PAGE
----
747400sp From United States of America, joined Aug 2003, 3620 posts, RR: 2 Posted (8 years 3 months 1 day 9 hours ago) and read 2720 times:
I read some were that the L-1011 started as a twin engine design that was giving to the USN by Lockheed for the P-3 design but was rejected. In the book it was stated that Lockheed took the twin engine and put high by-pass engines on it made it wide it so it could have two ailes. It was a high wing design also. I know the L-1011 become a low wing trijet, later but if you look at a L-1011 nose, it's look a lot like a P-3 nose except a L-1011 has two curve wing sheal where a P-3 has three strait wing sheals. But it has the around same cabin width of a C-5, also it a jet like the C-5. Did Lockheed use mixer both the C-5 and P-3 designs together to help build the L-1011?
Just look at the whole Boeing line: 707, 720, 727, 737 all look the same from the Pax door forward... and you can even see a little carry over with the 757, 767 and 777 which all look close to the same.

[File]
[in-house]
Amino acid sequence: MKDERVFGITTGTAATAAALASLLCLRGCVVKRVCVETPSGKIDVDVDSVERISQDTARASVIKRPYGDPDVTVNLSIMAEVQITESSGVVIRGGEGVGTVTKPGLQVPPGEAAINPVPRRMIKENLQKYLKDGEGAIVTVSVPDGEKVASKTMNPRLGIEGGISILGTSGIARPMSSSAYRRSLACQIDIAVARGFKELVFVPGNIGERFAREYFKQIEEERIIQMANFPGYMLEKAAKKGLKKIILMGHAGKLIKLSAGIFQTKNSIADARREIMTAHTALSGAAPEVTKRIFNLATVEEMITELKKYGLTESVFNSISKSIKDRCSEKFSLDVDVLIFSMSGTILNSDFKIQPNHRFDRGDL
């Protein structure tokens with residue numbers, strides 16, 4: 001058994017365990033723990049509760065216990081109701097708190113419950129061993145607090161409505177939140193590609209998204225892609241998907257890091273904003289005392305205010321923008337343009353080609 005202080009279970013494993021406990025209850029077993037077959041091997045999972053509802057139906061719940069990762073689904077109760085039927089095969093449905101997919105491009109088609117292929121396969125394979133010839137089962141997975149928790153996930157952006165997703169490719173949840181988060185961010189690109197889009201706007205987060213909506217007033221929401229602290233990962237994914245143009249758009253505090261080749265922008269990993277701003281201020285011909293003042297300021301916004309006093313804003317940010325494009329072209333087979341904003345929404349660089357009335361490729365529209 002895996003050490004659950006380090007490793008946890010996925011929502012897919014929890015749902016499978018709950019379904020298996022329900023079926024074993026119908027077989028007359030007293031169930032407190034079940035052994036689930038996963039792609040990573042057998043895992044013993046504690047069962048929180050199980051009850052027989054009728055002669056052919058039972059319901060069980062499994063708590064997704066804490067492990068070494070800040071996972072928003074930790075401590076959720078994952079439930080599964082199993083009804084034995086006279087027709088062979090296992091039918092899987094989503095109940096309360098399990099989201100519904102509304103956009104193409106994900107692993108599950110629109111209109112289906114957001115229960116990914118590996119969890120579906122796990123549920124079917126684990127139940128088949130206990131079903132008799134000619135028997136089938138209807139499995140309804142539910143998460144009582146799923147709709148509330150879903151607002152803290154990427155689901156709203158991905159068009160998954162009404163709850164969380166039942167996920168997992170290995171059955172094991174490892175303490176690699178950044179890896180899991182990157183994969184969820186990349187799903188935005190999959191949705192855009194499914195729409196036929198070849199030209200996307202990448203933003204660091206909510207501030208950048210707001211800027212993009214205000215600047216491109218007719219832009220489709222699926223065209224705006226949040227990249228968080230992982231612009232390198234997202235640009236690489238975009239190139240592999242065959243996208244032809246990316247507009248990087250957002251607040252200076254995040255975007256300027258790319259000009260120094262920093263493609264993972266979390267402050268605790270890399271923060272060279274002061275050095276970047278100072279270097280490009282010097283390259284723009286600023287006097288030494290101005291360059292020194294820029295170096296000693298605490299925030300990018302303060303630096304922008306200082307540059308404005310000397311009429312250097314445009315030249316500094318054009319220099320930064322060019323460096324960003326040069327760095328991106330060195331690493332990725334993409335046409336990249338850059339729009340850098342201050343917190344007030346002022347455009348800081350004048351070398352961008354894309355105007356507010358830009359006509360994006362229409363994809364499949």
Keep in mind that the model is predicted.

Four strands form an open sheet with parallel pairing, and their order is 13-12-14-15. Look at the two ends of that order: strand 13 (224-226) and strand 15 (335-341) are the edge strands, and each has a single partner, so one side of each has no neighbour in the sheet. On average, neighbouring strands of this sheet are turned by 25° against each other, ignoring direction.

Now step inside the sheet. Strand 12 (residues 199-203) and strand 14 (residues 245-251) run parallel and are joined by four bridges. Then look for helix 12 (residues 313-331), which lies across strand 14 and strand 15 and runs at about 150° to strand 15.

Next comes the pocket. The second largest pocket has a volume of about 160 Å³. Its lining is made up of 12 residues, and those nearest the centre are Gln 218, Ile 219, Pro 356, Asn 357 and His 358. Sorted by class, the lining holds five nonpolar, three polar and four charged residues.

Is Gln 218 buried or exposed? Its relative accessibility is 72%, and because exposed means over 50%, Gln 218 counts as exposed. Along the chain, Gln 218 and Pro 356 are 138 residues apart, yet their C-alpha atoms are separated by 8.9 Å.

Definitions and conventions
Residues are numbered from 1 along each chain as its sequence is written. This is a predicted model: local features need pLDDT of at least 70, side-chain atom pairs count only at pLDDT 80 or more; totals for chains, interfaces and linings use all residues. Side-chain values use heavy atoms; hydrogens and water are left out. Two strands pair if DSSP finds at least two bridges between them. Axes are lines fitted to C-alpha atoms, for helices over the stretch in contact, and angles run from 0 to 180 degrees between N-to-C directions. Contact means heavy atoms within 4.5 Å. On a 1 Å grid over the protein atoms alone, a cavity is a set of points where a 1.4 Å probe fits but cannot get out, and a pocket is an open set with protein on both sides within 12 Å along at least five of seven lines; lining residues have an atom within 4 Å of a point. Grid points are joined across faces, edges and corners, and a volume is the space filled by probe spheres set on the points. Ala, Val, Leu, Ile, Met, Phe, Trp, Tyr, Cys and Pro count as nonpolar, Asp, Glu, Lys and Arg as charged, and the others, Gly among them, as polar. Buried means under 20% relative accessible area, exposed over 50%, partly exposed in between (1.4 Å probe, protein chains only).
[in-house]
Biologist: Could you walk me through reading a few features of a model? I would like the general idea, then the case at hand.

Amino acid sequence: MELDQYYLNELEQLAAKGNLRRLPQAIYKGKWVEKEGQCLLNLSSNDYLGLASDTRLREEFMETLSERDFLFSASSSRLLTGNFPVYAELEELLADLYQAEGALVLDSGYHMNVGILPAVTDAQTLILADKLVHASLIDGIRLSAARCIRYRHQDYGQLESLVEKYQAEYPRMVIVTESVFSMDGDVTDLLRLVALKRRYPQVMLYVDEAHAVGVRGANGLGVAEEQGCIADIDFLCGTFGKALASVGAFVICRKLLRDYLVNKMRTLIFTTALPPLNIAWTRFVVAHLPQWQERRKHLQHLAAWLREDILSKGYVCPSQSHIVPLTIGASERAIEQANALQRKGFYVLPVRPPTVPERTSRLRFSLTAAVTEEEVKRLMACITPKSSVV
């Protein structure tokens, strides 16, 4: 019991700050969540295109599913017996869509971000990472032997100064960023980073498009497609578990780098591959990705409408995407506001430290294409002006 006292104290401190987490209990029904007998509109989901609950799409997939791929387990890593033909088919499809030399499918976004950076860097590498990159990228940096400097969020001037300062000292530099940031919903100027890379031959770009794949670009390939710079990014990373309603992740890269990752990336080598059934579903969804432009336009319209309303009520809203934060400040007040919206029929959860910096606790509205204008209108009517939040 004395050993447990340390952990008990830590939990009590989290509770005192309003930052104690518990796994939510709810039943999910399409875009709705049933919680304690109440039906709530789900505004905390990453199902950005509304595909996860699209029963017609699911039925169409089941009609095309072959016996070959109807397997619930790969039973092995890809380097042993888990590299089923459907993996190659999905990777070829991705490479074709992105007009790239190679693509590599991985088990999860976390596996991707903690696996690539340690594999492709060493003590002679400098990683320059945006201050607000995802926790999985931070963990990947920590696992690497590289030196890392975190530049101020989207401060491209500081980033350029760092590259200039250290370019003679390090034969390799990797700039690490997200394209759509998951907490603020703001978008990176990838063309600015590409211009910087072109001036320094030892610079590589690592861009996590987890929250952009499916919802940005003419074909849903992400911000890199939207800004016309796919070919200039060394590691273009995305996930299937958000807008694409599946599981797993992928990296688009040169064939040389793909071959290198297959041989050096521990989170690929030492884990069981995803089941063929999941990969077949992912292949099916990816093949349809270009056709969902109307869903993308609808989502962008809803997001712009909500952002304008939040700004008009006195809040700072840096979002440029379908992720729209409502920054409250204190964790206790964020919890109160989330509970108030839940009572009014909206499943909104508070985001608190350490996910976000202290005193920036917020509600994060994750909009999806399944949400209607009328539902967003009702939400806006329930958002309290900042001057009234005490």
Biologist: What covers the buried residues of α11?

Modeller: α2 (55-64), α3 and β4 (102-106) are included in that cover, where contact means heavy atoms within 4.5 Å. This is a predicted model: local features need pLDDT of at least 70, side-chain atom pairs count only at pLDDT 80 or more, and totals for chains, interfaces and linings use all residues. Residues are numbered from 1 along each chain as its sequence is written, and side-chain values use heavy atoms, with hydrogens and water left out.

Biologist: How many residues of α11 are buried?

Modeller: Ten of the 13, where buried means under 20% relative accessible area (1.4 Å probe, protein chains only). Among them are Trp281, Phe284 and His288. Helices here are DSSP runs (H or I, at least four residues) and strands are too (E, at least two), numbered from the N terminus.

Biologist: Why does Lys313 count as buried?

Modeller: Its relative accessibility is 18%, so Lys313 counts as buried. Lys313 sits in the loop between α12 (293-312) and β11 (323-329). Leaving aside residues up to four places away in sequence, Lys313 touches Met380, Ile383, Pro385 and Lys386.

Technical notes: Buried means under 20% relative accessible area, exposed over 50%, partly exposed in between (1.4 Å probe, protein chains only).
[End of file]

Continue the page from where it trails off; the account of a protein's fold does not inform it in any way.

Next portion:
"It's not the size of the dog in the fight, but the size of the fight in the dog"
474218 From United States of America, joined Oct 2005, 6340 posts, RR: 9
Reply 2, posted (8 years 3 months 23 hours ago) and read 2665 times:
The C-5 was designed and built by the Lockheed Georgia Company. The L-1011 was designed and built by the Lockheed California Company. While there is some minor similarly in some of the systems they were completely different designs and share no common parts. One thing the C-5 and L-1011 do share is their wings were built by AVCO Aerostructures in Nashville, Tennessee.
The P-3 Orion is a military adaption of the L-188 Electra. An interesting note on the P-3. The majority were built at Lockheed's plant in Burbank, California. When Lockheed decided to close that plant the P-3 production line was moved to Palmdale, California, 55 miles north of Burbank. Several years after production ended in Palmdale, the South Korea ordered 9 P-3 and Lockheed this time set the P-3 production line up in Marietta, Georgia, 2200 miles east of California.